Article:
If your child is an introvert, he most likely lets you know when he needs to be alone. You may catch him working a puzzle or reading a book all alone, and please don’t think or say, “How sad!” when you see that. Introverts need time to be alone the way we need nutrients and oxygen. Introverted kids may love having friends over, but then afterward they will also truly relish time alone in their rooms. I remember I used to make excuses to go home for just 30 minutes after school instead of going straight to my friend’s house to play. I used to think it was because I couldn’t miss a certain TV show, but now I know – we need a little break sometimes to recharge.
An introverted personality is not a defect, a mental illness, or any other kind of negative. It doesn’t mean your child hates people or is “weird.” The main difference between your child and an extroverted child is simply how he recharges himself. The extroverted child can’t be alone for long, it seems, and constantly wants to be with groups of people, because it drains his energy to be alone or with just one person. Your introverted child may have many friends and be the life of the party sometimes, but then he really needs to be alone for stretches of time to recharge his energy.
There are lots of positives to being an introvert, because we have highly stimulating mental lives, even though we may not share them with anyone (or even know how). We can concentrate for long periods of time, and we make deep connections with others in our lives. Many introverts are extremely gifted, and who is better equipped to sit still and really achieve something academic than a happy introvert? If your child is an introvert, the best thing to do is accept it and appreciate it. And give him his own room. A space of one’s own is so necessary for an introvert – a place where one can read, daydream, or anything at all, and recharge the energy that has been sapped by interaction with other people.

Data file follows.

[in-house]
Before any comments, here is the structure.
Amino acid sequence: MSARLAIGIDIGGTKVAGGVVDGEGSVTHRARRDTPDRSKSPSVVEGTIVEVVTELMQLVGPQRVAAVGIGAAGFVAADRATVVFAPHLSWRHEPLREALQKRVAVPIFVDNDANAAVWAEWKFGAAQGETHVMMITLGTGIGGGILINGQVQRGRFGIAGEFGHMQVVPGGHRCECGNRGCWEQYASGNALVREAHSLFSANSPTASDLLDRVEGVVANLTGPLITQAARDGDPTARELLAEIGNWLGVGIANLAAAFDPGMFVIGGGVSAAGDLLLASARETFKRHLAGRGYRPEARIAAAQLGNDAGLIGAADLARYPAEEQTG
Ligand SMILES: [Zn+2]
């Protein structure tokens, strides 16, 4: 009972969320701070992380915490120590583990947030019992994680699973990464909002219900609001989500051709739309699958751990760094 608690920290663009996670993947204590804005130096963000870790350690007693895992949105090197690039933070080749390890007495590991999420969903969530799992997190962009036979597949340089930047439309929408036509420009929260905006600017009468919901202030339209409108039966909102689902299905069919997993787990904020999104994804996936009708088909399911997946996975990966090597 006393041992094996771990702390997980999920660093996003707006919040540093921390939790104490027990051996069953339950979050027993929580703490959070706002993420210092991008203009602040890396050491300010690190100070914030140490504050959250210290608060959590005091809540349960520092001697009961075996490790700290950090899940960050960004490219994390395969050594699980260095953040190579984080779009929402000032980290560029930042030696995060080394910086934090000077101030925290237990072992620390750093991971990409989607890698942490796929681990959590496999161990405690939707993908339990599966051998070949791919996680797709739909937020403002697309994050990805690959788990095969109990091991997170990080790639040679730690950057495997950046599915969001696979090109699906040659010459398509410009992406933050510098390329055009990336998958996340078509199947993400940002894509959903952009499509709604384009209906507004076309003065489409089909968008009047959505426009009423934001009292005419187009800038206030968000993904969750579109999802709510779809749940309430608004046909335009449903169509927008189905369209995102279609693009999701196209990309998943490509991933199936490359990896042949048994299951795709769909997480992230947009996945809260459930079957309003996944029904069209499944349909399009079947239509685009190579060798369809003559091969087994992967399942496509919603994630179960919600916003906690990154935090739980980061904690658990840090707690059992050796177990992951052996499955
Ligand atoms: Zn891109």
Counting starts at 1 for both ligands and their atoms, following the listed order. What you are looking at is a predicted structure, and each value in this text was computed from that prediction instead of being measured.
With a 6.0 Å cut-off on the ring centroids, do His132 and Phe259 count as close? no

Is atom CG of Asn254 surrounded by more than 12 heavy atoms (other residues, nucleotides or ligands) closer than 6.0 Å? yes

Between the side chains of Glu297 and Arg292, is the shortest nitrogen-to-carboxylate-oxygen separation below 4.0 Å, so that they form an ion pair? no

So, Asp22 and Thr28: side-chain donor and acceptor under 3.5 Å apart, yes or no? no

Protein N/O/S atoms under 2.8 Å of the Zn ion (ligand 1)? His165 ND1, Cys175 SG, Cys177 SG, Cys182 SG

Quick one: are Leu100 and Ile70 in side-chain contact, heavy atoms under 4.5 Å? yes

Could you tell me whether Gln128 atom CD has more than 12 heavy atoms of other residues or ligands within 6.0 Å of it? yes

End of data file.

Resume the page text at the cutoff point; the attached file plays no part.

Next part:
Please don’t talk about your child’s personality with others, especially in front of him. Just because he’s quietly playing near you without speaking doesn’t mean he can’t hear you! Remember that introverts don’t like to be the center of attention and we certainly hate to be ridiculed or scolded in front of others. Show an interest in the things your child is “into” – whether books, animals, science, painting – and maybe he will invite you to enter his wonderful world for a little while. You may be amazed at the intricate details he has assembled there and genuinely find it awesome that your kid is an introvert. 🙂
Photo credit: neoliminal